Oscar Mayer received more than 700 retweets--a more than respectable number--but Special K's image received just six retweets, half from people who appear to have a relationship with the brand (and only one of whom disclosed it).
Oscar Mayer and Special K were hardly alone. I won't attempt to provide an exhaustive list of the largely ineffective social media RTM that occurred Sunday evening, but you can see more at Jay Baer's "Convince and Convert" blog, where he does a fine job furnishing examples and commentary.
The evening of the Oscars, David Armano launched a hashtag, #OscarsRTM, to discuss the night's real-time marketing. He was dismayed when the hashtag conversation became "a constant stream of snark, dismissal, critique and a never ending barrage of 'not impressed.'" David particularly objected when someone in the #OscarsRTM stream unkindly edited a photo of the U.S. Cellular "2013 Oscars Newsroom." David rose to U.S. Cellular's defense, noting "they are TRYING to provide relevant content vs. just doing straightforward advertising."
I have tremendous respect for David--he has been a thought leader leading the charge for social media for longer than most social media professionals even knew what Twitter was--but this time I think David is wrong. What U.S. Cellular did on Oscars night was not "provide relevant content;" they tweeted ads. Each tweet contained an image attempting to tie the brand to one of the Oscar-nominated films.
The problem with the social media RTM that occurred on Oscars night is the "M" in RTM. The intent of these brands was clear to everyone--not to add to the conversation or enhance others' enjoyment of the Oscars but to create value for themselves. Almost none of the brands attempted to engage others in a dialog--they instead broadcast a stream of brand messaging. Many brands tweeted their social advertising using the same #Oscars hashtag that consumers adopted for their conversations, which demonstrates how much RTM on Oscars night was less about social engagement and more about old-fashioned one-way interruption advertising.
When brands like Oreo and Tide demonstrated wit and agility with funny posts during the Super Bowl blackout, social media RTM seemed poised for growth. Just three weeks later, the pre-planned, unfunny, heavy-handed, brand-centric posts of Oscars night managed to make RTM look not like a fresh, new strategy but old, tired marketing-as-usual.
Not every brand fell into the trap of talking about themselves. Victoria's Secret participated in social media as people would, commenting about the Bond girls, complimenting Jennifer Hudson's performance and raving about Anne Hathaway's dress. Mercedes-Benz's Smart USA Twitter profile made creative use of Vine to honor the Oscar winners while inventively pimping their products. My personal favorite tweet of the evening was Chobani's, which made fun of the fact they could not get legal approval for their Oscar tweets.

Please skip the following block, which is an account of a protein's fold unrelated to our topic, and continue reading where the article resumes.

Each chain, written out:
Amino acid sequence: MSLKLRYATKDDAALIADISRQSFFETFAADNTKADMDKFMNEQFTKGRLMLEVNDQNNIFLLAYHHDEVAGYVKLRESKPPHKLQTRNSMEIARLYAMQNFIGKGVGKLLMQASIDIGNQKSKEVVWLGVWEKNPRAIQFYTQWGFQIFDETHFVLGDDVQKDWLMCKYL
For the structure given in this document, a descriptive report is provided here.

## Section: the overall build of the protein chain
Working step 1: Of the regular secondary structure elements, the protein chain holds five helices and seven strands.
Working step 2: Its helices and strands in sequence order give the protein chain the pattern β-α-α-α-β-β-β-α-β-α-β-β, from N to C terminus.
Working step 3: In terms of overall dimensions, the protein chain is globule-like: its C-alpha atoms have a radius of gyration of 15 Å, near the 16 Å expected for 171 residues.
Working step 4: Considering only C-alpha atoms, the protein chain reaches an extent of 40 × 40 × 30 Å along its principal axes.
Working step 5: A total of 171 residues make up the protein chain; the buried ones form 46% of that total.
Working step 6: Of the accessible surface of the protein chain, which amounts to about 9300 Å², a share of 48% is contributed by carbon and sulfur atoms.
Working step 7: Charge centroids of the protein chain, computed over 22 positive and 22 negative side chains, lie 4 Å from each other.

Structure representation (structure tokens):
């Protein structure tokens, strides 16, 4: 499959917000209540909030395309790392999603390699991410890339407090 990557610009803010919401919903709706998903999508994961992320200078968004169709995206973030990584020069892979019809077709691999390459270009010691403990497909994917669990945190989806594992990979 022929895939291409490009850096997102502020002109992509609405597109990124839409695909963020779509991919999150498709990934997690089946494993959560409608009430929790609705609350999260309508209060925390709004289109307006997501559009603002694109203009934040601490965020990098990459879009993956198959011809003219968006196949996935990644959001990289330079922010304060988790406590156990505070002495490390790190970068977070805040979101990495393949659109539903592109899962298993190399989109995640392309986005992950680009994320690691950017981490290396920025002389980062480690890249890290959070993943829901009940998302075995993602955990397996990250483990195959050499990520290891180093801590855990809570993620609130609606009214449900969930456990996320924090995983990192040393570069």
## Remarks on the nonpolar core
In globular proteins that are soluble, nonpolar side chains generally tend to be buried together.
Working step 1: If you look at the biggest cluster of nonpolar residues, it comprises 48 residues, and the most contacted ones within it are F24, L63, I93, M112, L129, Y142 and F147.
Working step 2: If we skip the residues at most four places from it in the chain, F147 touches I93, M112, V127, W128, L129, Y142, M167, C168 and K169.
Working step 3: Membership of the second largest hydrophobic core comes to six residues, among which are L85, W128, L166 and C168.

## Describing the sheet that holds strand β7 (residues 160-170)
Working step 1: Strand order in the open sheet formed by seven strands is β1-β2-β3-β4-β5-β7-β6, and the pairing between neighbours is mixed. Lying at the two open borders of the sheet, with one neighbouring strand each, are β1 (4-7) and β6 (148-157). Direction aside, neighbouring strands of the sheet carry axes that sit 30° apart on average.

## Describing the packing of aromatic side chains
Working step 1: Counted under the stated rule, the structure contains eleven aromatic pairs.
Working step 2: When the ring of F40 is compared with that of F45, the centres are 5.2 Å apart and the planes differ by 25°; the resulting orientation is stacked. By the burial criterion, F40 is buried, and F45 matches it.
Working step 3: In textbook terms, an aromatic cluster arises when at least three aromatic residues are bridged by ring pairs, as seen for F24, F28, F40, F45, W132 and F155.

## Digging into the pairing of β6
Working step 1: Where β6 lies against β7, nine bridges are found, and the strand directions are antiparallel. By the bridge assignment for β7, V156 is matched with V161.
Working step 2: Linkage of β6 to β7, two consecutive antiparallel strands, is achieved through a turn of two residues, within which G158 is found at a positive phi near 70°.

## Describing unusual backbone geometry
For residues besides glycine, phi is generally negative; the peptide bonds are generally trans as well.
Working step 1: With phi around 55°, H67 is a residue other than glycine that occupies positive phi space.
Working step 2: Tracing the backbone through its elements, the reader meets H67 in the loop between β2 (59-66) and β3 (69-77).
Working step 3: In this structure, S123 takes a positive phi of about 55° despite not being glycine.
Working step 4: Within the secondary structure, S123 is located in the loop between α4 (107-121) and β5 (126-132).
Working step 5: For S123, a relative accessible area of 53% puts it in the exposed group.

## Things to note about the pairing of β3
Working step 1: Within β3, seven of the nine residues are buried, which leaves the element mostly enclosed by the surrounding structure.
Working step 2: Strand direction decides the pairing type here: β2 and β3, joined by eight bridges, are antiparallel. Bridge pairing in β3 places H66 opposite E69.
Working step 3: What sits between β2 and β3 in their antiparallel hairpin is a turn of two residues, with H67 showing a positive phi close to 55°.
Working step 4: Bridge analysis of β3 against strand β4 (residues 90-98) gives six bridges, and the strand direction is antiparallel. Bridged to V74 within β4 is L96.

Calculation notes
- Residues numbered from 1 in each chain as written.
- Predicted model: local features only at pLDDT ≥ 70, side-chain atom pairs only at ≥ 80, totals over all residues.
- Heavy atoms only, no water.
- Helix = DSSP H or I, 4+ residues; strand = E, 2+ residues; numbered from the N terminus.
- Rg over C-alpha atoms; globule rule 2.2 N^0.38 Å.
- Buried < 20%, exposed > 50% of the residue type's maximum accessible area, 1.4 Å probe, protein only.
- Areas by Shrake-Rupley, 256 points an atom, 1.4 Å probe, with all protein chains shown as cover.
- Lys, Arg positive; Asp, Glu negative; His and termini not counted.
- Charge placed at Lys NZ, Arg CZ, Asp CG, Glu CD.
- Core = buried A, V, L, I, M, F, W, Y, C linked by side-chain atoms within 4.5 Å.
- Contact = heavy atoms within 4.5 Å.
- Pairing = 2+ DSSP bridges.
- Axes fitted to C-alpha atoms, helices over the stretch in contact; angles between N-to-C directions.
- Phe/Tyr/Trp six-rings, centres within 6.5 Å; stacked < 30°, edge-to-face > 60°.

He wrapped himself in a nation's fate. Like a custom smart wrap...but for the soul. Our Best Actor #Oscars t... vine.co/v/bgghz0M5IhUWhen big events occur and millions of people turn to social media to share and talk, it is understandable that brands want to be a part of that, but they have to bring something to the conversation other than their own wants and needs. If brands want to build attention and awareness using social media during international events, they should consider the following:
— Official smart USA(@smartcarusa) February 25, 2013
- Don't broadcast; spark and engage in conversation. Respect that you are part of the consumers' social channels and consumers' dialog.
- Be creative. Photoshopping a "Les Mis" French flag or a Lincoln stovetop hat to your product is not creativity--not by a long shot. As RTM grows, the bar will raise for what consumers will find worthwhile and welcome (and, conversely, the bar will lower for what they will dislike and criticize.)
- Be spontaneous. The more you plan and prep, the less surprising, unique and topical your content will be. Watch for the unexpected to occur--such as the lights going out in the Superdome--and be ready to produce something timely. True RTM happens in real time; that's why it is called "real time marketing."
- Engage emotions. Make people laugh; make them cry; give them something to think about; furnish them with something they will want to share or discuss. If you cannot do this, then maybe your brand is better saying nothing at all.
- Pay no attention to the man behind the curtain. No one wants to see how the sausage is made--they don't care how your magazine ad is produced or that your social team is standing ready to tweet marketing content. U.S. Cellular misstepped by retweeting an employee's photo of its social newsroom; it invited--and received--criticism.